'Quarantunes' with Skinshape

Over lockdown we got recommendations from our favourite artists, seeing which tracks, or 'Quarantunes' had been helping them traverse this strange new world. As the series draws to a close, we've got the enigmatic Skinshape sharing his deep cuts.
Posted: 20 July 2020 Words: John Bell

Though you might not recognise him on first glance, there's probably a good chance you've heard the music of Skinshape. Having once played bass for the sulky alt-rock band Palace, William Dorey left the group in 2017 to pursue the sound he had been cultivating as a multi-instrumentalist, producer and record collector for many years. 

Over the past six years Dorey has released five full-lengths under Skinshape, each taking a different turn along the international trail of soul, funk, jazz, dub and psychedelia, but linked with a panoramic grasp of sound and analogue production. His latest, Umoja, is a global affair, recruiting vocals from the likes of D'Alma, Idd Aziz and Modou Touré to sing in five different languages throughout the album. 

Skinshape's songs all have a slick, crisp veneer and a somewhat intoxicating flow that has helped them find a way onto many a 'Modern Psychedelia'-esque Spotify playlist or a sync on TV; 'I Didn't Know', from 2018's Filoxiny, featured on the Netflix film All the Bright Places back in February. 

But despite the rich orchestration of each record, Dorey has never found an appeal in performing live, preferring to sticking to the confines of his bedroom studio or his space at The Arch studios in North London. Unlike for the huge majority of his peers, then, lockdown had almost no effect on his musical career. Quite the contrary, he tells me, "It was a very productive time for me. I got most of a new album recorded." With a lack of touring pressure and a desire to keep self-promotion at a minimum, Dorey may even release this as his second record of the year.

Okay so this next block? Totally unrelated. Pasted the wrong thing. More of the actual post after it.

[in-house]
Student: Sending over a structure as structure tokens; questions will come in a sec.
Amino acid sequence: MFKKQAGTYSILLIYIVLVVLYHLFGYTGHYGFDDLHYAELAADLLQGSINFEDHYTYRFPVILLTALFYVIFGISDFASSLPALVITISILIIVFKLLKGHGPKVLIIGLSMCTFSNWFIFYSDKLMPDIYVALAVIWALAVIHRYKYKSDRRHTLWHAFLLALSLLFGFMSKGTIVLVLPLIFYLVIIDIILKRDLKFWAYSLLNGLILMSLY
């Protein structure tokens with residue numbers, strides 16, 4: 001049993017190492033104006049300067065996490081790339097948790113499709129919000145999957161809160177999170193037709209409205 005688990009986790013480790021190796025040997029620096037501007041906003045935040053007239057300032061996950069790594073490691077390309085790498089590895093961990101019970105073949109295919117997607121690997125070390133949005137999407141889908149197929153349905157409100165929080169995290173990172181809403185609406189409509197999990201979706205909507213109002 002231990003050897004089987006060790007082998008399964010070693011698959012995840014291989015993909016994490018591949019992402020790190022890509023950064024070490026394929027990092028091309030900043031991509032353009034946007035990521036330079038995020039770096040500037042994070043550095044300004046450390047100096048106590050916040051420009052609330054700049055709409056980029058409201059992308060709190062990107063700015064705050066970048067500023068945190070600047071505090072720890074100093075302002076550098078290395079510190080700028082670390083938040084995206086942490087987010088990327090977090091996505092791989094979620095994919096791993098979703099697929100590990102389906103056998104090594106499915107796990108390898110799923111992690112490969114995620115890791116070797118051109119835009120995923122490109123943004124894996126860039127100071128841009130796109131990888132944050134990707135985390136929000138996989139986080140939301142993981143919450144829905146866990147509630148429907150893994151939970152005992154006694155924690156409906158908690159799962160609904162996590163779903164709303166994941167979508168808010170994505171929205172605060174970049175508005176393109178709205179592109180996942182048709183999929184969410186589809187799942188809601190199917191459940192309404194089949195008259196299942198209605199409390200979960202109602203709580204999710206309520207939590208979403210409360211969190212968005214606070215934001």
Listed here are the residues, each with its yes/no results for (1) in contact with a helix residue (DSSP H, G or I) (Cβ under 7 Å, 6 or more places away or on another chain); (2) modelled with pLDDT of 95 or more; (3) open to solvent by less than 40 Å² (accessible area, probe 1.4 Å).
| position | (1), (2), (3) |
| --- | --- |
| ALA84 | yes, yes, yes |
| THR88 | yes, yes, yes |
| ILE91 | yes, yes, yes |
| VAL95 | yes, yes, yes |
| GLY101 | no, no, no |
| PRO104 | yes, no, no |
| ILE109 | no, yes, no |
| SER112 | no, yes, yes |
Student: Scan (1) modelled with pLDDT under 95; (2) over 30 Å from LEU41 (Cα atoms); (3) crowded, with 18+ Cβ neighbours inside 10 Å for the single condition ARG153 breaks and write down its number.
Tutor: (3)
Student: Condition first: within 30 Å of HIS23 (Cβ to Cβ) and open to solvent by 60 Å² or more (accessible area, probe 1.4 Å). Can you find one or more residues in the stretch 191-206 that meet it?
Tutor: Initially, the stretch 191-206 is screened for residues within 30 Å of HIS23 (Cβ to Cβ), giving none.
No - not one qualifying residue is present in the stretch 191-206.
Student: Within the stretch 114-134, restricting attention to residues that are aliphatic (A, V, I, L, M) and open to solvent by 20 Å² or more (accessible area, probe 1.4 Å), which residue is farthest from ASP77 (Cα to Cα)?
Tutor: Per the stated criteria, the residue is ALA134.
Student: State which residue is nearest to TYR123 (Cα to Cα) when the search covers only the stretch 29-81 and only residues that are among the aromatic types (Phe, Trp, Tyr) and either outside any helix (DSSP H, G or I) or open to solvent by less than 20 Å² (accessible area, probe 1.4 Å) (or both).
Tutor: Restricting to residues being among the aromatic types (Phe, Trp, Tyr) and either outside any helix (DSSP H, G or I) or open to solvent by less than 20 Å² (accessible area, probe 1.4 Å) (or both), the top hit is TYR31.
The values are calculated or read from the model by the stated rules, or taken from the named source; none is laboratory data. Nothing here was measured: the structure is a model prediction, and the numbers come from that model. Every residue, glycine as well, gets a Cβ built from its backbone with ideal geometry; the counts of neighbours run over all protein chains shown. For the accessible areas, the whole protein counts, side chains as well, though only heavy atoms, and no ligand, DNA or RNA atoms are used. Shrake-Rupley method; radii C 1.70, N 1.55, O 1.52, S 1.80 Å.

As you might expect by now, Dorey's Quarantunes selection dabbles in soul, funk and reggae from all over the globe. 

Shuggie Otis – 'Inspiration Information' 

I have known Shuggie for a few years now but somehow I hadn't really listened to this song, or appreciated it until mid-lockdown. It really got me! Such a sweet funky groove.

Evinha – 'Esperar Pra Ver'

A stunning funky killer from Brazil. I thought this was a modern production as that groove has a modern feel but I was surprised to discover it's an old 60s or 70s track. 

Black Savage – 'Kothbiro' 

Much like the Evinha tune, I was surprised to discover the era of this tune is 1970s, and not only that but it's from Kenya! A very unusual and cool downtempo track.

Nora Dean – 'Peace Begins Within'

Being a massive reggae head, I couldn't believe I had missed this deep killer tune for so many years. It was a joy to discover and I was blasting it many times in my car driving around during lockdown. 

Quincy Jones – 'Love And Peace'

This song really hit the 'muso' within me. Classic gospel chord progression and incredible harmonic layers. Plus that damn funky drum beat ... Mmmm!

Bobby "Blue" Bland – 'Turn On Your Love Light'

An old favourite of mine that I recently rediscovered. Does it sound like they have 2 drummers on this? Well they just might. That would be where Grateful Dead got the idea.

Umoja is out now on Lewis Recordings. Listen to more Skinshape here

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